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The last few years have fundamentally changed humanity. The pandemic and the economic turmoil that followed pushed us to pivot and be more agile, making remote the new way for work and learning.

The rapid rise of digitisation has placed new demands on employees who now require different skills to get their work done. It’s no longer a case of applying the same techniques and processes for an entire professional life. Indeed, for many, the skills and knowledge acquired through education or training have already become obsolete, putting them at a disadvantage.

With technological tools and processes ever-evolving, people must continue learning every single day, pretty much until the day they retire!

But businesses looking for global talent want more than just people skilled in the programs and services they need to deliver results. They want people who know how to work independently and are comfortable working alone.

The problem is, not everyone has been ‘wired that way’.

One of the main problems is that our education system – from primary school to universities – is mostly based on structures that are decades old. This system prioritises rote learning, with a focus on memorisation and repetition, and neglects things like creativity, critical thinking and collaboration. It is focused on learning very specific things, instead of helping people learn how to learn so that they can continuously reinvent themselves and integrate new learnings in order to work autonomously.

In come the future learners, a group that could also be described as a ‘manager of one’. They can manage themselves without other people telling them what to do. They don’t ask for permission. They are proactive. They move forward and risk making mistakes because they know that is the only way to make progress. Strategy drives the what and the why at an organisation, but the learner of the future will figure out the how on their own.

These learners know how to complement independent learning with training and coaching to obtain the best final results. They are also excellent at finding their own answers, whether that’s online on the internet, or by reaching out to other people who happen to be available, or by finding internal documentation until they get what they need. They are collaborative in that while working autonomously, they know who needs to be informed and involved in the process and are proactive in their communication.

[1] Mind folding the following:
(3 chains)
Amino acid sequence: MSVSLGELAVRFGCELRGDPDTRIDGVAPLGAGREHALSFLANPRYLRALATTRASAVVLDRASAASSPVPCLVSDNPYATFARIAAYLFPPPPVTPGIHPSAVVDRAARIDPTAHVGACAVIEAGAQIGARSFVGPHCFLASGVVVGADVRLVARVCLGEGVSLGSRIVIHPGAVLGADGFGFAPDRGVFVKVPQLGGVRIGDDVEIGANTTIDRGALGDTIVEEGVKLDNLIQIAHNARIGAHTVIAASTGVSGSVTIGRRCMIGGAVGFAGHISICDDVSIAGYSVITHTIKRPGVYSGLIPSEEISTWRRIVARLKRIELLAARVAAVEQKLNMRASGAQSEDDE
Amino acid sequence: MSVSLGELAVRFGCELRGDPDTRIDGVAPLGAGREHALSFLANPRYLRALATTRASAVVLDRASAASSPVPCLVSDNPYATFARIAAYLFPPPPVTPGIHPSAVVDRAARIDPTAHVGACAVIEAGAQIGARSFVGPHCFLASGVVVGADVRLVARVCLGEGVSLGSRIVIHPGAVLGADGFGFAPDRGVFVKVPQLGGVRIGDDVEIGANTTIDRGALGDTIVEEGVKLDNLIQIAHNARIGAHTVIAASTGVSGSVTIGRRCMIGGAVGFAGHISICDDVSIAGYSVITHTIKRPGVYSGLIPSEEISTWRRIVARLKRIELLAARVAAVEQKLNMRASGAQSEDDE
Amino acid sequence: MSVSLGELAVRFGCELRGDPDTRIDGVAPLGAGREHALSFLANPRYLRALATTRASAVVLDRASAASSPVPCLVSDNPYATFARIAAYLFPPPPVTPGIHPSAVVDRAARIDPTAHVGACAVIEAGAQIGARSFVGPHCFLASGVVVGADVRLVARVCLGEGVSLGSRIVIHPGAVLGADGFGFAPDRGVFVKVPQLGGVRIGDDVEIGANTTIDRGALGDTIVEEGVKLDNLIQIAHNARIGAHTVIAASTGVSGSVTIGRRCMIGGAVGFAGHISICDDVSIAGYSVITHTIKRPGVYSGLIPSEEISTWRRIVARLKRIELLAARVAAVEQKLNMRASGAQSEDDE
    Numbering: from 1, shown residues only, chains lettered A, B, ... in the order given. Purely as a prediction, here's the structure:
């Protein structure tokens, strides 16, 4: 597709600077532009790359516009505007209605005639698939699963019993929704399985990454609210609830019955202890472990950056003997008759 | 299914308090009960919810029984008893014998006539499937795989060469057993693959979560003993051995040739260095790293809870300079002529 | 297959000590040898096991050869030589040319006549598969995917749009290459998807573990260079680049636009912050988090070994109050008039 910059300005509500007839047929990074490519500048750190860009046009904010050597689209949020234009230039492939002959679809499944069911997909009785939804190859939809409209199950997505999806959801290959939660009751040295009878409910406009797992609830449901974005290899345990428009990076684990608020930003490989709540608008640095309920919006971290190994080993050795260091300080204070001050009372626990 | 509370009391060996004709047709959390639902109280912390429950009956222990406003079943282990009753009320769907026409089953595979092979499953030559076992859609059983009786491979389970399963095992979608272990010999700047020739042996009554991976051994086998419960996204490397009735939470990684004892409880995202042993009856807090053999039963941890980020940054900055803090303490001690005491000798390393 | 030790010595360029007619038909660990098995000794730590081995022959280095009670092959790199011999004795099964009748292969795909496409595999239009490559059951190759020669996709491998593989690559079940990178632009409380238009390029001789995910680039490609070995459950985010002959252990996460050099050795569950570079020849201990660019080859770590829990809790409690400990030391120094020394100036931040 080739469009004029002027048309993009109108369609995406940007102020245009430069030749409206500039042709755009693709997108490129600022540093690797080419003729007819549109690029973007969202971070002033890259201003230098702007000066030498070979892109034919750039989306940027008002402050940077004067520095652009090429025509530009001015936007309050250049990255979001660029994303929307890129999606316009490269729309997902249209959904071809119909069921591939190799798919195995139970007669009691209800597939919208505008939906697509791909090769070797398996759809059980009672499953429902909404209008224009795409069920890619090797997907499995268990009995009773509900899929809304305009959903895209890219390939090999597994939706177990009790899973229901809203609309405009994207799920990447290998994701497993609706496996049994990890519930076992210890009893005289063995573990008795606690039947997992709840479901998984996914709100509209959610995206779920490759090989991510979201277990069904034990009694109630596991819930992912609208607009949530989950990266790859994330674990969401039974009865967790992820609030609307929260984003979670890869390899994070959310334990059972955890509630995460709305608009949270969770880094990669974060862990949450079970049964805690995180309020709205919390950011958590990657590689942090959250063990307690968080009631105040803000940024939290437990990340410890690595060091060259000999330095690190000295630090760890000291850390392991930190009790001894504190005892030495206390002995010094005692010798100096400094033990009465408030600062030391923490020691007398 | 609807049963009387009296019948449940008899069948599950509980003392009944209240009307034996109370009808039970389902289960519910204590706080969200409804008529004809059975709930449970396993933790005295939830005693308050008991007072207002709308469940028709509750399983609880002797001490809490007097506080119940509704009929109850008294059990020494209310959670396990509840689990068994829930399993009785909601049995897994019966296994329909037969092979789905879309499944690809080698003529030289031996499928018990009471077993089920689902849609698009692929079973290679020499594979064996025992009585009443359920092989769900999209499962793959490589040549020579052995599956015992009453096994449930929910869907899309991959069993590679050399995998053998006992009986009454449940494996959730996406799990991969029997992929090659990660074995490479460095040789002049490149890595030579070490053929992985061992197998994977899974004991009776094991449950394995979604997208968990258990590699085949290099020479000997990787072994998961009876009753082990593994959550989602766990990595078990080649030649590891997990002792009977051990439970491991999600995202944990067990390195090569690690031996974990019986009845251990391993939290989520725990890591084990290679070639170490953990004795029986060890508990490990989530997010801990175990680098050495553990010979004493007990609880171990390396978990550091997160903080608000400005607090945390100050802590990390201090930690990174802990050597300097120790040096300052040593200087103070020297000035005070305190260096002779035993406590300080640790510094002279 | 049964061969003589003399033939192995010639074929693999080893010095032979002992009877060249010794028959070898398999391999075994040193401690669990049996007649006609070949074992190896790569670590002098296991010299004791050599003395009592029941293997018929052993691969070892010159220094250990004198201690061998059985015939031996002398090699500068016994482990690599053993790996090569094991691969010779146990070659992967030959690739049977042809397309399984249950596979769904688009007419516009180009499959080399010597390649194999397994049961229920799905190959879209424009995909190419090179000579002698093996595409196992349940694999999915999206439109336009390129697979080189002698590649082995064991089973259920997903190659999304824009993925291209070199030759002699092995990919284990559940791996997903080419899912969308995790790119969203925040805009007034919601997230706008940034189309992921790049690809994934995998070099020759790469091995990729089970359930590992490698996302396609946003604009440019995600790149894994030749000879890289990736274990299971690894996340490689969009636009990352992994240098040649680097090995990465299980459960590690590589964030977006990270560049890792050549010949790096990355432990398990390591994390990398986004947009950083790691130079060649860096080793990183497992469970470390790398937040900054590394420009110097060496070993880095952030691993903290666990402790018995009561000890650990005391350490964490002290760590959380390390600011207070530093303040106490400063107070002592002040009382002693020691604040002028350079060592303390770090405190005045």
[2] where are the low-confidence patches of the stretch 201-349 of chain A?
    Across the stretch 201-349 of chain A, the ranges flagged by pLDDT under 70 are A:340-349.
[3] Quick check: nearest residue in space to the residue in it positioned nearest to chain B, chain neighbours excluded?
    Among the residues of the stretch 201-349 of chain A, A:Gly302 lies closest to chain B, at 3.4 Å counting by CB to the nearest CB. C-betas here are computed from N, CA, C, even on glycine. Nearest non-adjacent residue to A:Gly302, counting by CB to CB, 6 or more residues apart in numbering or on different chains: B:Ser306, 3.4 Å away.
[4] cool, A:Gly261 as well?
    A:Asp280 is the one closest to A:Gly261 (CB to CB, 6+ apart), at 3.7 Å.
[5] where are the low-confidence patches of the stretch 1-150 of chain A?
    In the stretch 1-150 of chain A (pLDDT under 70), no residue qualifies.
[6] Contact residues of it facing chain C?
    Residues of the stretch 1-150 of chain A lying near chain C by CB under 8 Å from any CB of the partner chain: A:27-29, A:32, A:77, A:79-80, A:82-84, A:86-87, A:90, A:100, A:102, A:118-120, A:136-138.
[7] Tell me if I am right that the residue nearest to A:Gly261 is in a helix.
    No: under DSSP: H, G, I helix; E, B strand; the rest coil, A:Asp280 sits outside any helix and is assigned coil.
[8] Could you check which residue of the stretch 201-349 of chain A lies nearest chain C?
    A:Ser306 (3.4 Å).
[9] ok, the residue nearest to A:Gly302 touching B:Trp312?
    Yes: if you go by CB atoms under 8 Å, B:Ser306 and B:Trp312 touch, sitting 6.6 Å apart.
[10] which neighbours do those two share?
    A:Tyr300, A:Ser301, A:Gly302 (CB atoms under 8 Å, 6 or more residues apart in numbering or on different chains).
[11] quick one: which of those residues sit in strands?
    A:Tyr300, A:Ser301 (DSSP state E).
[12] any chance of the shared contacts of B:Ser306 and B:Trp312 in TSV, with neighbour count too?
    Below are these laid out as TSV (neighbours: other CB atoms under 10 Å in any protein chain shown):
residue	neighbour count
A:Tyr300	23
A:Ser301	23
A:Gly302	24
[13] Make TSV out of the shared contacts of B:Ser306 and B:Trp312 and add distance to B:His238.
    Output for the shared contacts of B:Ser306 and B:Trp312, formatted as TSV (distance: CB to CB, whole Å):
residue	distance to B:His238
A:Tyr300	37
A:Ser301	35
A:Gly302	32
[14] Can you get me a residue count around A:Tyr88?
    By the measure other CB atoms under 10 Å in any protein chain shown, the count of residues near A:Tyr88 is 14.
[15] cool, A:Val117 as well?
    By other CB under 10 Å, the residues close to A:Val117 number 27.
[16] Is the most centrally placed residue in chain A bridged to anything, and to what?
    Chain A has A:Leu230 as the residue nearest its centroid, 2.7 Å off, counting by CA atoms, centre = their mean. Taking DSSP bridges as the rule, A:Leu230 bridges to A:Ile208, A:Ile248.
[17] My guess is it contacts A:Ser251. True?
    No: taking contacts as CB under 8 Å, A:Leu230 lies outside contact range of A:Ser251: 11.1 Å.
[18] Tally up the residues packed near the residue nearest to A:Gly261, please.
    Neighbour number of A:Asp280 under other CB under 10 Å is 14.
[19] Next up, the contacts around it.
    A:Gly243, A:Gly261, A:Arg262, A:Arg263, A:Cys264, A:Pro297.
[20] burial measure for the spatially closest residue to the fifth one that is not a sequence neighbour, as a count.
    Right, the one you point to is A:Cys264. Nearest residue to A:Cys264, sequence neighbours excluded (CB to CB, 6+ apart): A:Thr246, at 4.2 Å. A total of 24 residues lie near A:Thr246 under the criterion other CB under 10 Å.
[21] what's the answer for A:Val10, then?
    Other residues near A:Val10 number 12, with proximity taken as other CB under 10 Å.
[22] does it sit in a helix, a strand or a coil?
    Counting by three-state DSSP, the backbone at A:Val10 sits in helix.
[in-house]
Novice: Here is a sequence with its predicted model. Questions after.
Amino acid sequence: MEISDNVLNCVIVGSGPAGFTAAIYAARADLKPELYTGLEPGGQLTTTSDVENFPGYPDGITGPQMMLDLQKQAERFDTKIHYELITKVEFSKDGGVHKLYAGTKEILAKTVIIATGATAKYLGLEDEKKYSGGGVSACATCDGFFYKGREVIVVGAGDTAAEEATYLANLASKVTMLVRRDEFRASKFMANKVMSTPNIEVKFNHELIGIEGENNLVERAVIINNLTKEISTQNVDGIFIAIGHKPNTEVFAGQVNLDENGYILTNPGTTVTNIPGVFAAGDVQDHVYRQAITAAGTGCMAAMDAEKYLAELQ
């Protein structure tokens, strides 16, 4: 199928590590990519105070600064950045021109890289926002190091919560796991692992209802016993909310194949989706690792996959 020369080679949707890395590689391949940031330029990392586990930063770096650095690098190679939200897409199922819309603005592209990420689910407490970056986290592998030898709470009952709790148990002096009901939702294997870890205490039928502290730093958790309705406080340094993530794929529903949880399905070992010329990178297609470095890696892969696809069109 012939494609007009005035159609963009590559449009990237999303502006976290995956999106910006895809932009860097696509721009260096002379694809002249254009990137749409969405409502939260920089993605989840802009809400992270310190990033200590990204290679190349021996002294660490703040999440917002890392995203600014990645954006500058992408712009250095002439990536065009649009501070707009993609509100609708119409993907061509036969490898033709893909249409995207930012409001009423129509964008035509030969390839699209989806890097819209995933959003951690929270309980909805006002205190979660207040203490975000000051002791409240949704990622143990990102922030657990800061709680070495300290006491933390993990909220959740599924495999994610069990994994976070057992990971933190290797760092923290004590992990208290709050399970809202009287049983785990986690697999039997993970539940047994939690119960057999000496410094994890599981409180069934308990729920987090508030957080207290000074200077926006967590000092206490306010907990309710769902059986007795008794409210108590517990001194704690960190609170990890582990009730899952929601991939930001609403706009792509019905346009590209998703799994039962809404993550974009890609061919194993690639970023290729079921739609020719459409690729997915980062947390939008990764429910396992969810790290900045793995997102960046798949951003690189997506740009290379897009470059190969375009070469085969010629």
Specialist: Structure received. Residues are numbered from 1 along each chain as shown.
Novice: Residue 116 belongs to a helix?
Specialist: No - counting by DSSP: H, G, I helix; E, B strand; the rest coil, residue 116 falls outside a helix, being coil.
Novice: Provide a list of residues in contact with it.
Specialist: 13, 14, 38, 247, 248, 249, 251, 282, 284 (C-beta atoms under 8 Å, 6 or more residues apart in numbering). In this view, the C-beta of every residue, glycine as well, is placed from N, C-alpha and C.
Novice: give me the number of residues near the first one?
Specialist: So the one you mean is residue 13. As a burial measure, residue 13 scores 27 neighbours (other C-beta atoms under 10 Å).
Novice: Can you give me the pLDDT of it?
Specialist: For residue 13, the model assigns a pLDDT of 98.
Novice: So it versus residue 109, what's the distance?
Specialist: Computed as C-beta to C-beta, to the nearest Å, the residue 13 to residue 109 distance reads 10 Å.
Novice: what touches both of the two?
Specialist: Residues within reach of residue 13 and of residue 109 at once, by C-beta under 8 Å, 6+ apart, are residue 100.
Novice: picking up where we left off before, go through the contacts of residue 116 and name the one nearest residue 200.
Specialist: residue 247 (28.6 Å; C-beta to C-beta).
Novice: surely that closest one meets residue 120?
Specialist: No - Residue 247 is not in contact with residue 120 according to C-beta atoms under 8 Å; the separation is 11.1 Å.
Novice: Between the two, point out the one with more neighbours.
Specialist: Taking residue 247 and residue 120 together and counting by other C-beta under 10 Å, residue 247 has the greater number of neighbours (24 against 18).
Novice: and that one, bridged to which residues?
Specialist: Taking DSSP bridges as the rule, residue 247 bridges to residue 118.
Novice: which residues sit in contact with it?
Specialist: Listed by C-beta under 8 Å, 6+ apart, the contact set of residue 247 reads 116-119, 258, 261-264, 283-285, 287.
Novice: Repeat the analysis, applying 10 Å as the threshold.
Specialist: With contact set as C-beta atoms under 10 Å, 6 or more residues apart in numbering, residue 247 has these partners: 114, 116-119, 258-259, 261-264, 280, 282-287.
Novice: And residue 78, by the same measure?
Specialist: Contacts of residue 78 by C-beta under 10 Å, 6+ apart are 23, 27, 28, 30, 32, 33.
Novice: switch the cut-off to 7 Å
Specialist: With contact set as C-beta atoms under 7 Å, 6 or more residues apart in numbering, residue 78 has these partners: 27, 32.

There are three fundamental characteristics that make up future learners:

  1. Autonomy: Future learners are autonomous and know how to find their own answers, having the skills needed to find their own solutions. The internet has democratised access to learning content; it has become a commodity. People can continually evolve when they know how to make the most of these resources.

  2. Collaborative: Future learners know how to learn collaboratively. By doing this, they reinforce some of the most important soft skills of this century – communication, teamwork and remote work. Collaborative learning is the key to scaling world-class education.

  3. Curious: Future learners are people who, fundamentally, want to learn. They show a drive to always be learning. They are passionate about absorbing new knowledge and have a desire and curiosity to identify new opportunities and learn something new.

Managers can also encourage future learners by creating a less hierarchical organisation where people feel encouraged to reach out to whomever they can in order to get the answers they need. Celebrating mistakes can also create psychological safety in the workplace, making people feel more at ease to learn and make mistakes as they go along. The learners of the future are already among us. It’s up to us to provide them with the support they need to thrive.

Ariel-CamusAbout the author

Ariel Camus is the CEO and co-founder of Microverse, an online school for remote software developers. He believes the place where you’re born shouldn’t determine your opportunities in life.